FDA The US Food and Drug Administration (FDA) has announced the reopening of its comment period regarding the agency’s 2013 Draft Guidance document on personal sound amplification products (PSAPs) and hearing aids.

According to the Hearing Industries Association (HIA), the Draft Guidance, when finalized, is intended to further clarify the regulatory distinctions between hearing aids and PSAPs. The FDA regulates hearing aids as medical devices, and originally provided guidance on hearing aids and PSAPs in 2009. In the 2009 Draft Guidance, the FDA stated that PSAPs are not subject to regulation since they are designed to enhance normal hearing rather than to address hearing loss. After issuing its original Draft Guidance, which bans the marketing of PSAPs as hearing aids, the FDA recognized that greater clarity was needed due to claims by some PSAP manufacturers relating to hearing loss.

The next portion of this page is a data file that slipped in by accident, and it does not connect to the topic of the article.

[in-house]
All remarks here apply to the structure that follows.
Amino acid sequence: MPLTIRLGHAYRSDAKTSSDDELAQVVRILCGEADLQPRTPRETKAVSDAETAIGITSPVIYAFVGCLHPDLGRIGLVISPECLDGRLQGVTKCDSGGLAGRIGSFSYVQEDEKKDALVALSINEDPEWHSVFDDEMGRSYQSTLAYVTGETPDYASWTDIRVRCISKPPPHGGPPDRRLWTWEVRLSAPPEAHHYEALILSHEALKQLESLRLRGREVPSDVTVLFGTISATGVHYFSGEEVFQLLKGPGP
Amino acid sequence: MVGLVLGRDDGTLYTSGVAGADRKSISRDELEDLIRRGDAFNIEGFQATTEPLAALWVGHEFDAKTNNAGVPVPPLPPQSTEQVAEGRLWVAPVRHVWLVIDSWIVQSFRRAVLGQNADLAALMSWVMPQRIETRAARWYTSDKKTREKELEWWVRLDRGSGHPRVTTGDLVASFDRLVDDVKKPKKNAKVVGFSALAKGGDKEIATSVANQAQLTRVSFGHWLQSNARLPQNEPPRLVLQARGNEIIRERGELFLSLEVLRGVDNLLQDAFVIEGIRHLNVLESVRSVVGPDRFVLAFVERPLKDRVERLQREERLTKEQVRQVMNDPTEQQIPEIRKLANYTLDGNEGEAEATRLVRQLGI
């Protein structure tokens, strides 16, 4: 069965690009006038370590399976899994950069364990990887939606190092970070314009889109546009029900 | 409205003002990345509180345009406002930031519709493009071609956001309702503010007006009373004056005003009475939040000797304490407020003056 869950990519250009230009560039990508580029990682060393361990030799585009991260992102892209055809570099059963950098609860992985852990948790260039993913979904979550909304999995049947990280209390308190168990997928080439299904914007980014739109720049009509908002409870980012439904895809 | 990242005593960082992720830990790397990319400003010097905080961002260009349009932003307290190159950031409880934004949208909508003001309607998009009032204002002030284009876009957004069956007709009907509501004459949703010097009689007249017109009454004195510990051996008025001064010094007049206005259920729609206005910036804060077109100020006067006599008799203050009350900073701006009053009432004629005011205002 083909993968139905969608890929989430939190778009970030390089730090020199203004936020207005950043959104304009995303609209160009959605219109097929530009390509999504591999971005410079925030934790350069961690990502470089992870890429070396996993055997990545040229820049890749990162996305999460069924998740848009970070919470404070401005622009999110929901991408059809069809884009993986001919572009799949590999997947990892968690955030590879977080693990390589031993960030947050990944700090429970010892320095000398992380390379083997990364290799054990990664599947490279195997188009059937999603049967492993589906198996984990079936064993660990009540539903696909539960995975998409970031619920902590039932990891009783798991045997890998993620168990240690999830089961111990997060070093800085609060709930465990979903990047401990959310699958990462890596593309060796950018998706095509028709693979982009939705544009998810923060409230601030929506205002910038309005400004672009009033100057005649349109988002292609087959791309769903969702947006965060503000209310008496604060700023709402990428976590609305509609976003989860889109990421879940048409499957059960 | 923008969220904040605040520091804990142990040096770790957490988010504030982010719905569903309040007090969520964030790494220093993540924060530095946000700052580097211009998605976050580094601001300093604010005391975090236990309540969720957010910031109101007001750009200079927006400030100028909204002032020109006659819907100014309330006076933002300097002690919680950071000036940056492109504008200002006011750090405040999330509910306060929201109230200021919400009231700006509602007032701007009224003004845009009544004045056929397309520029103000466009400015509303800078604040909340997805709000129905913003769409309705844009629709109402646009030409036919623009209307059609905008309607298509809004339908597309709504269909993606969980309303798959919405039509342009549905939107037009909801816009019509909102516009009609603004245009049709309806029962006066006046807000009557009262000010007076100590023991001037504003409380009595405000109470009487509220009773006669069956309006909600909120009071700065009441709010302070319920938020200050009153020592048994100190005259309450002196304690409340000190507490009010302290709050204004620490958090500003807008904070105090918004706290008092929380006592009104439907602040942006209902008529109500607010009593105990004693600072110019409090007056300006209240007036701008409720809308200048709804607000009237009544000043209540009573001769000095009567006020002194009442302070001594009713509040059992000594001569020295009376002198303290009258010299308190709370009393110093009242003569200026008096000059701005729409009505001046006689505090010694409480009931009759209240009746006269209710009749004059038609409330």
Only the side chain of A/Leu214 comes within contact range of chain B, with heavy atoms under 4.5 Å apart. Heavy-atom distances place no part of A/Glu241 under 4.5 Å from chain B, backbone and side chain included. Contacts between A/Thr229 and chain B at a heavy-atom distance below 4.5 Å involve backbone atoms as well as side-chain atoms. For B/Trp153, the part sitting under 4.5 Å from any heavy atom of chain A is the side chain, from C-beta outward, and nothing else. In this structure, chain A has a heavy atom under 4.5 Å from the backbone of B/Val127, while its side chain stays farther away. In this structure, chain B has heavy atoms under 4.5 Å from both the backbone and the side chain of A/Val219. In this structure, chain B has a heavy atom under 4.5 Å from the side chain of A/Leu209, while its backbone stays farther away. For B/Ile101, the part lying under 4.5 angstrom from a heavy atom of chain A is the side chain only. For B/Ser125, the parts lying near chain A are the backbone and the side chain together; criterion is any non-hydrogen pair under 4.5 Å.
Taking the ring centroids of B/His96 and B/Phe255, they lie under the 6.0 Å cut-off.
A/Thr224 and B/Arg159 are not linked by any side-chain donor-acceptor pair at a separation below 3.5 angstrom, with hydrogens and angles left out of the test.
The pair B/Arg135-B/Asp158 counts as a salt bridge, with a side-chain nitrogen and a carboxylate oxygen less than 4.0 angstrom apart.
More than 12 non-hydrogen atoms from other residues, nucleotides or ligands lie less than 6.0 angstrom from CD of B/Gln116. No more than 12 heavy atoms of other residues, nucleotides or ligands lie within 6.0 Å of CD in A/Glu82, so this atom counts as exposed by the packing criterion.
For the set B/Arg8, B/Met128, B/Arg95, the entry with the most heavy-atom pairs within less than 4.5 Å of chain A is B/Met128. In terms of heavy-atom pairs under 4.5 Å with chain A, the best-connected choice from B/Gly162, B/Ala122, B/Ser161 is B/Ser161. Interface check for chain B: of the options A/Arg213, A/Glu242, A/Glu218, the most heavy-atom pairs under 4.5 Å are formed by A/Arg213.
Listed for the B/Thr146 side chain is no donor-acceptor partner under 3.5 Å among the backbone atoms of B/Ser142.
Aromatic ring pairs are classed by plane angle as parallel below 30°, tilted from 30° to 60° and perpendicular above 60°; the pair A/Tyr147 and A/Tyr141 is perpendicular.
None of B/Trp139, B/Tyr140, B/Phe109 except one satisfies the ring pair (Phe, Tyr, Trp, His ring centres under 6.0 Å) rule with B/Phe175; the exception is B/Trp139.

In reopening the comment period, the FDA also requested comment on the availability, accessibility, and use of hearing aids and PSAPs for consumers with hearing loss. As previously reported in several articles about PCAST in The Hearing Review, the FDA requested comments on recommendations in the Letter Report issued by the President’s Council of Advisors on Science and Technology (PCAST) in October, including the recommendation to create a “basic” category of hearing aids for over-the-counter (OTC) sale. In that request, the FDA specifically solicited comments on whether the benefits of expanded OTC access outweigh the risks of foregoing the requirement for an evaluation to rule out treatable, potentially progressive causes of hearing loss.

The FDA also has announced that it will be holding a workshop on April 21, 2016 at its headquarters in Maryland on “Streamlining Regulations for Good Manufacturing Practices (GMPs) for Hearing Aids” to discuss the appropriate level of GMP regulations. The FDA workshop will reportedly outline the agency’s perspective on the current GMPs that are required under the agency’s Quality Systems Regulation (QSR) and gather stakeholder and public input about alternative models for regulation that would accelerate innovation while still enabling quality design and manufacturing for hearing aids.

Source: FDA; HIA